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7 Things You Didn’t Know You Could Make With Paper

7 Things You Didn’t Know You Could Make With Paper

Sales of print books have declined in an age of ebooks. On my street, I’m 99 percent sure that the only people who still have a subscription to the again-on-the-verge-of-closing New Jersey newspaper, the Star Ledger, are the elderly couple across the street. I’ve wondered if I should still ask students to “submit their papers” when they never print them out but email them to me.

Paper might seem obsolete but, in many ways, its many uses are only being discovered. Items made from paper can be strong enough to provide shelter; a bonus is that many are made from recycled materials and can themselves be recycled after use. Here are some:

1. A Bike Helmet

Paper Pulp Helmets are not only made from recycled newspapers. They are disposable, recyclable, waterproof and highly affordable, with a price tag as potentially low as $1.50. Three students from London’s Royal College created the helmets by grinding up newspapers and blending them with water to make a pulp that is then molded into a helmet.

Barclays is in discussions to invest in the paper helmets, and the London government and a bike share program in San Francisco have shown interest in using the helmets. Look out for them — they could actually be available as early as Spring of 2014.

2. A Bicycle

What else to ride while wearing a paper bike helmet than a cardboard bike, the Alfa? Israeli engineer Izhar Gafni spent two years folding and refolding cardboard to see what would make the strongest shapes. The result is a single-speed bicycle with spokes, rims and a frame all made from cardboard. The 28-poound prototype, which can support a rider up to 485 pounds, has tires made from old car tires and pedal cranks made from discarded plastic bottles.

Gafni’s cardboard bike costs only $9 to make and, as rumor has it, might only cost $20. However, a company called Cardboard Technologies has started a crowdfunding campaign to mass produce the bikes with a much higher price tag — $135.

3. A Boat

In the late 19th century, people created boats — canoes, rowboats, racing shells — from paper. You see some examples of “cellulose-based naval architecture” in museums in the U.S. and read about the know-how and craft that goes into making a paper boat.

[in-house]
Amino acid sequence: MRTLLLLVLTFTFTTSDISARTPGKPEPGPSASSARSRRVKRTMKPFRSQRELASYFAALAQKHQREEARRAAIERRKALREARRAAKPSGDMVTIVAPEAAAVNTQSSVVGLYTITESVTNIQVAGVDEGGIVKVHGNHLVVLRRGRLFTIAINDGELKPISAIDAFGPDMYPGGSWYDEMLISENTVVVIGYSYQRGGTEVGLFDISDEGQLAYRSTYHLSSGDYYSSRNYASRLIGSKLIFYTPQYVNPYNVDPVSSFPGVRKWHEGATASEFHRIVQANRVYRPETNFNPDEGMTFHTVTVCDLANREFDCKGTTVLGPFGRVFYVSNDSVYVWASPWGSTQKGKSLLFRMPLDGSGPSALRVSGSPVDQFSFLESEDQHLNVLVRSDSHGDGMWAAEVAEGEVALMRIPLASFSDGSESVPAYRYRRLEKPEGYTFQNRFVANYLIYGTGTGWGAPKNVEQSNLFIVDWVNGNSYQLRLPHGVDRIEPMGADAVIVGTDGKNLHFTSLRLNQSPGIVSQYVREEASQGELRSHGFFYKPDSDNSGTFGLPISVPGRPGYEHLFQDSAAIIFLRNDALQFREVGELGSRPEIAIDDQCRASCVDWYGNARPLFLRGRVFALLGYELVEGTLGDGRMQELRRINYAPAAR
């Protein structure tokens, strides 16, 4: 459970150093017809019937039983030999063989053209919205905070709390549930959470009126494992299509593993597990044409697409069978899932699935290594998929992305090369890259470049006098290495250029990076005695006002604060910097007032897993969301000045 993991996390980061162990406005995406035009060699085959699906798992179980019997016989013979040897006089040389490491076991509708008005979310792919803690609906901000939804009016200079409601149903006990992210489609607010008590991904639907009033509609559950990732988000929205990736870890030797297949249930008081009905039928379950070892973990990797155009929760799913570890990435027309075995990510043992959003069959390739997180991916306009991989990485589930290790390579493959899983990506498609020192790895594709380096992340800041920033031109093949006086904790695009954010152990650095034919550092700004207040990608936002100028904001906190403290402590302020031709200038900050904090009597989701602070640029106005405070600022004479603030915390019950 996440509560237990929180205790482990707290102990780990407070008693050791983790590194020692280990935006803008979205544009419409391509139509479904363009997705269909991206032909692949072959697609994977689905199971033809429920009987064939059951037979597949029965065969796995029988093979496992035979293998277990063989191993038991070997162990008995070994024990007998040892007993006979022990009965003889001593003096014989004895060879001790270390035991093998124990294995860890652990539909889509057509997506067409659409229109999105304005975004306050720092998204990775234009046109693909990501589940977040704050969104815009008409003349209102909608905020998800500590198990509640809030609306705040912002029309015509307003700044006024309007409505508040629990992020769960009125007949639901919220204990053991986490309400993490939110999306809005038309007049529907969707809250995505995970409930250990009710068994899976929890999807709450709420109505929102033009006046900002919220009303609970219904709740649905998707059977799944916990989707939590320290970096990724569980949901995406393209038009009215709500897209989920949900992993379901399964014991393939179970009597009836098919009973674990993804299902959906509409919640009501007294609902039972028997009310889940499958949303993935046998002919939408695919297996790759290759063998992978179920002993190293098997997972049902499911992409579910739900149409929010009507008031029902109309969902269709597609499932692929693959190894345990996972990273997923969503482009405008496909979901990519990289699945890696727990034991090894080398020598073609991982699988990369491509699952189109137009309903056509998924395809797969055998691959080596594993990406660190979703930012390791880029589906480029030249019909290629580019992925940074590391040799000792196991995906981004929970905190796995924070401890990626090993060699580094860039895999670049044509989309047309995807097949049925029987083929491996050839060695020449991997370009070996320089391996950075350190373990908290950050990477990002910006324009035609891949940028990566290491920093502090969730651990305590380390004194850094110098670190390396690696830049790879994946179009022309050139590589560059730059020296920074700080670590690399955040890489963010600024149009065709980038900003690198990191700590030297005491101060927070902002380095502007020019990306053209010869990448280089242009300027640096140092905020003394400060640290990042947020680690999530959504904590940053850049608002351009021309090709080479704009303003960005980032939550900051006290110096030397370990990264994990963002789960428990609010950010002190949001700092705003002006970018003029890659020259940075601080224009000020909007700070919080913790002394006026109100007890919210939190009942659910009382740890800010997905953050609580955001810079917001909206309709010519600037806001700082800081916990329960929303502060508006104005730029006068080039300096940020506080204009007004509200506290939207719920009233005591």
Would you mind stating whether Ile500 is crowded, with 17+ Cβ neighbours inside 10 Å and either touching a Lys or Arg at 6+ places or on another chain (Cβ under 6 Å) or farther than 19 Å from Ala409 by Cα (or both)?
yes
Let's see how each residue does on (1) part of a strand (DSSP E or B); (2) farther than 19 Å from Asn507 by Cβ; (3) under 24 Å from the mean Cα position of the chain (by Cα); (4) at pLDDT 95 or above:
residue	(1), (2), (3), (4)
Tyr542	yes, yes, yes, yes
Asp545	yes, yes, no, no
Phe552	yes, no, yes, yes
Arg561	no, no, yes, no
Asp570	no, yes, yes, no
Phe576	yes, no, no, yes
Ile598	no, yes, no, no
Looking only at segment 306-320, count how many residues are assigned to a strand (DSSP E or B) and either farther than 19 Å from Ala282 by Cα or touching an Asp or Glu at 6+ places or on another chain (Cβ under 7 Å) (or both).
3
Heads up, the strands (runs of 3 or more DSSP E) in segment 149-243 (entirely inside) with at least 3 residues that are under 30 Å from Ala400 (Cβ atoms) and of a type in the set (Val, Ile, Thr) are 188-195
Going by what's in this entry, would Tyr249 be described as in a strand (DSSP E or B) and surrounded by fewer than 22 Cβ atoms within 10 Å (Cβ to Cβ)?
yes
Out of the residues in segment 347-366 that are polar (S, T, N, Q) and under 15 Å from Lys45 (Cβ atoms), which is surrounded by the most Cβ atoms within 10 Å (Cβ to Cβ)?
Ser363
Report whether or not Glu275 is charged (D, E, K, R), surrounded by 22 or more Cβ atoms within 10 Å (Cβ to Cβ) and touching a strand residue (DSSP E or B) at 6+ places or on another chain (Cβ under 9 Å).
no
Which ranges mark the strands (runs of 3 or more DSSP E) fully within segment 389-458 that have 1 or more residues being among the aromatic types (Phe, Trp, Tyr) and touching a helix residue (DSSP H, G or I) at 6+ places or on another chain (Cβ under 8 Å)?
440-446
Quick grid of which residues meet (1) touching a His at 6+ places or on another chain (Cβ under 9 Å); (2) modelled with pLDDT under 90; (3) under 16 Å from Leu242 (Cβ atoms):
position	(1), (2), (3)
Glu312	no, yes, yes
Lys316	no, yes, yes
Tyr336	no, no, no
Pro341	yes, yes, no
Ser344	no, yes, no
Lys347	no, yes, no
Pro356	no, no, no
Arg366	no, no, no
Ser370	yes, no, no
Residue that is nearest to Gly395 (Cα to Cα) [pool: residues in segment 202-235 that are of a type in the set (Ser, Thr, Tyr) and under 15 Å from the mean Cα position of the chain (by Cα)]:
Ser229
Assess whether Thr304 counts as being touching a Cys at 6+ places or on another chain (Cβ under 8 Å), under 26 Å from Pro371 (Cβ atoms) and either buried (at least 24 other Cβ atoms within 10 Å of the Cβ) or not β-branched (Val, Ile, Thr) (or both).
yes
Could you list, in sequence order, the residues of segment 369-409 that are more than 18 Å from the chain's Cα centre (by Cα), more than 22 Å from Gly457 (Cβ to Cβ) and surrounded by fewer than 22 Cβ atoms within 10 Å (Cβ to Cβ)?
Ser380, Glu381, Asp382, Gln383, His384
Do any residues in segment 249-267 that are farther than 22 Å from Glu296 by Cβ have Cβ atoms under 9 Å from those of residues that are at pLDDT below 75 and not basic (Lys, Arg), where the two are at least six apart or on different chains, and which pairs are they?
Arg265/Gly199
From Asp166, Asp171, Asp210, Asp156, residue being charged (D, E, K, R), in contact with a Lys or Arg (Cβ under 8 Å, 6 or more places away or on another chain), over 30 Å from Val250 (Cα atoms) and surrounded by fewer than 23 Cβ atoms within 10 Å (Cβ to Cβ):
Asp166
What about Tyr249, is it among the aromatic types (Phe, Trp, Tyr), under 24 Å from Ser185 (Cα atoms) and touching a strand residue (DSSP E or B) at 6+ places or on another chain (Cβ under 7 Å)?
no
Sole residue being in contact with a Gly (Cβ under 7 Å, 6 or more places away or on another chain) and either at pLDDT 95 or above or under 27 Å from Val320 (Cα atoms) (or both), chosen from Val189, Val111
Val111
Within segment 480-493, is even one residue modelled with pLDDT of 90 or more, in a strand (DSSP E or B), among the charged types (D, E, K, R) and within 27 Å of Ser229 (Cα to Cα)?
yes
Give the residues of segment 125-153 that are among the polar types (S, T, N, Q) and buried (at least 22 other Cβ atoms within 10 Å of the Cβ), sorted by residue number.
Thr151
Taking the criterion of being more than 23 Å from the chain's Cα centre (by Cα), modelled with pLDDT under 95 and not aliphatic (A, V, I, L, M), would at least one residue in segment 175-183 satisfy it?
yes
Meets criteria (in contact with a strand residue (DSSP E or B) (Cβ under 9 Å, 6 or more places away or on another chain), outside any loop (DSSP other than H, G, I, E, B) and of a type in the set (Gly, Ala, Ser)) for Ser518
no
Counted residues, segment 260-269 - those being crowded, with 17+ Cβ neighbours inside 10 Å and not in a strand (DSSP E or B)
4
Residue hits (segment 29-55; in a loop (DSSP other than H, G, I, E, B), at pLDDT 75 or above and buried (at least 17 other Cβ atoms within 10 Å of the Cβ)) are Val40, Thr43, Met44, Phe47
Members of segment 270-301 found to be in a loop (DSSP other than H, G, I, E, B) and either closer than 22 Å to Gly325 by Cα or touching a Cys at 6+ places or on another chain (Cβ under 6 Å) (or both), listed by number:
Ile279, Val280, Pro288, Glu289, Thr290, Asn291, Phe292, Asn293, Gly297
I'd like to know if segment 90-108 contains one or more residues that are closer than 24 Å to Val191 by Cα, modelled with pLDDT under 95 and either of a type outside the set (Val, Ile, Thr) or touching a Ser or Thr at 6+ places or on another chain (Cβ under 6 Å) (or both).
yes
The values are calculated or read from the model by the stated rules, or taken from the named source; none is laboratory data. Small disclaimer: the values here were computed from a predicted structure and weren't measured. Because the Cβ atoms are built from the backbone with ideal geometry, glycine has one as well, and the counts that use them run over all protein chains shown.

4. Clothes

Tyvek is used for mailing envelopes and also for disposable protective clothing. But it can also be made into clothes, from dresses to coats, which can be recycled. They’re perhaps not something to wear everyday or in all seasons (winter, for instance), but paper is potentially an eco-friendly alternative to other materials.

5. Solar Cells

MIT researchers have created solar cells that can be printed out on paper or cloth at a low cost. The printed solar cells can be folded 1,000 times and still generate power. They can also be laminated to protect them from the elements. While they only provide enough power now for a “small electric gizmo,” the researchers are working to increase their capacity. They envision people printing out solar cells cheaply and then fastening the solar cells to a wall, thereby “drastically reduc[ing] the costs of solar installations.”

6. Bricks

Researchers from Spain have figured out a way to turn the waste from paper mills into bricks. Not only does the waste not end up in a landfill, making the bricks saves resources and money as they require less time in a kiln to be fired. The paper bricks also have low thermal conductivity, meaning they would provide good insulation for a home or other building. The current paper bricks are not as strong as traditional ones, but researchers are working on ways to incorporate other waste materials — from the beer, olive or biodiesel industries — to improve them.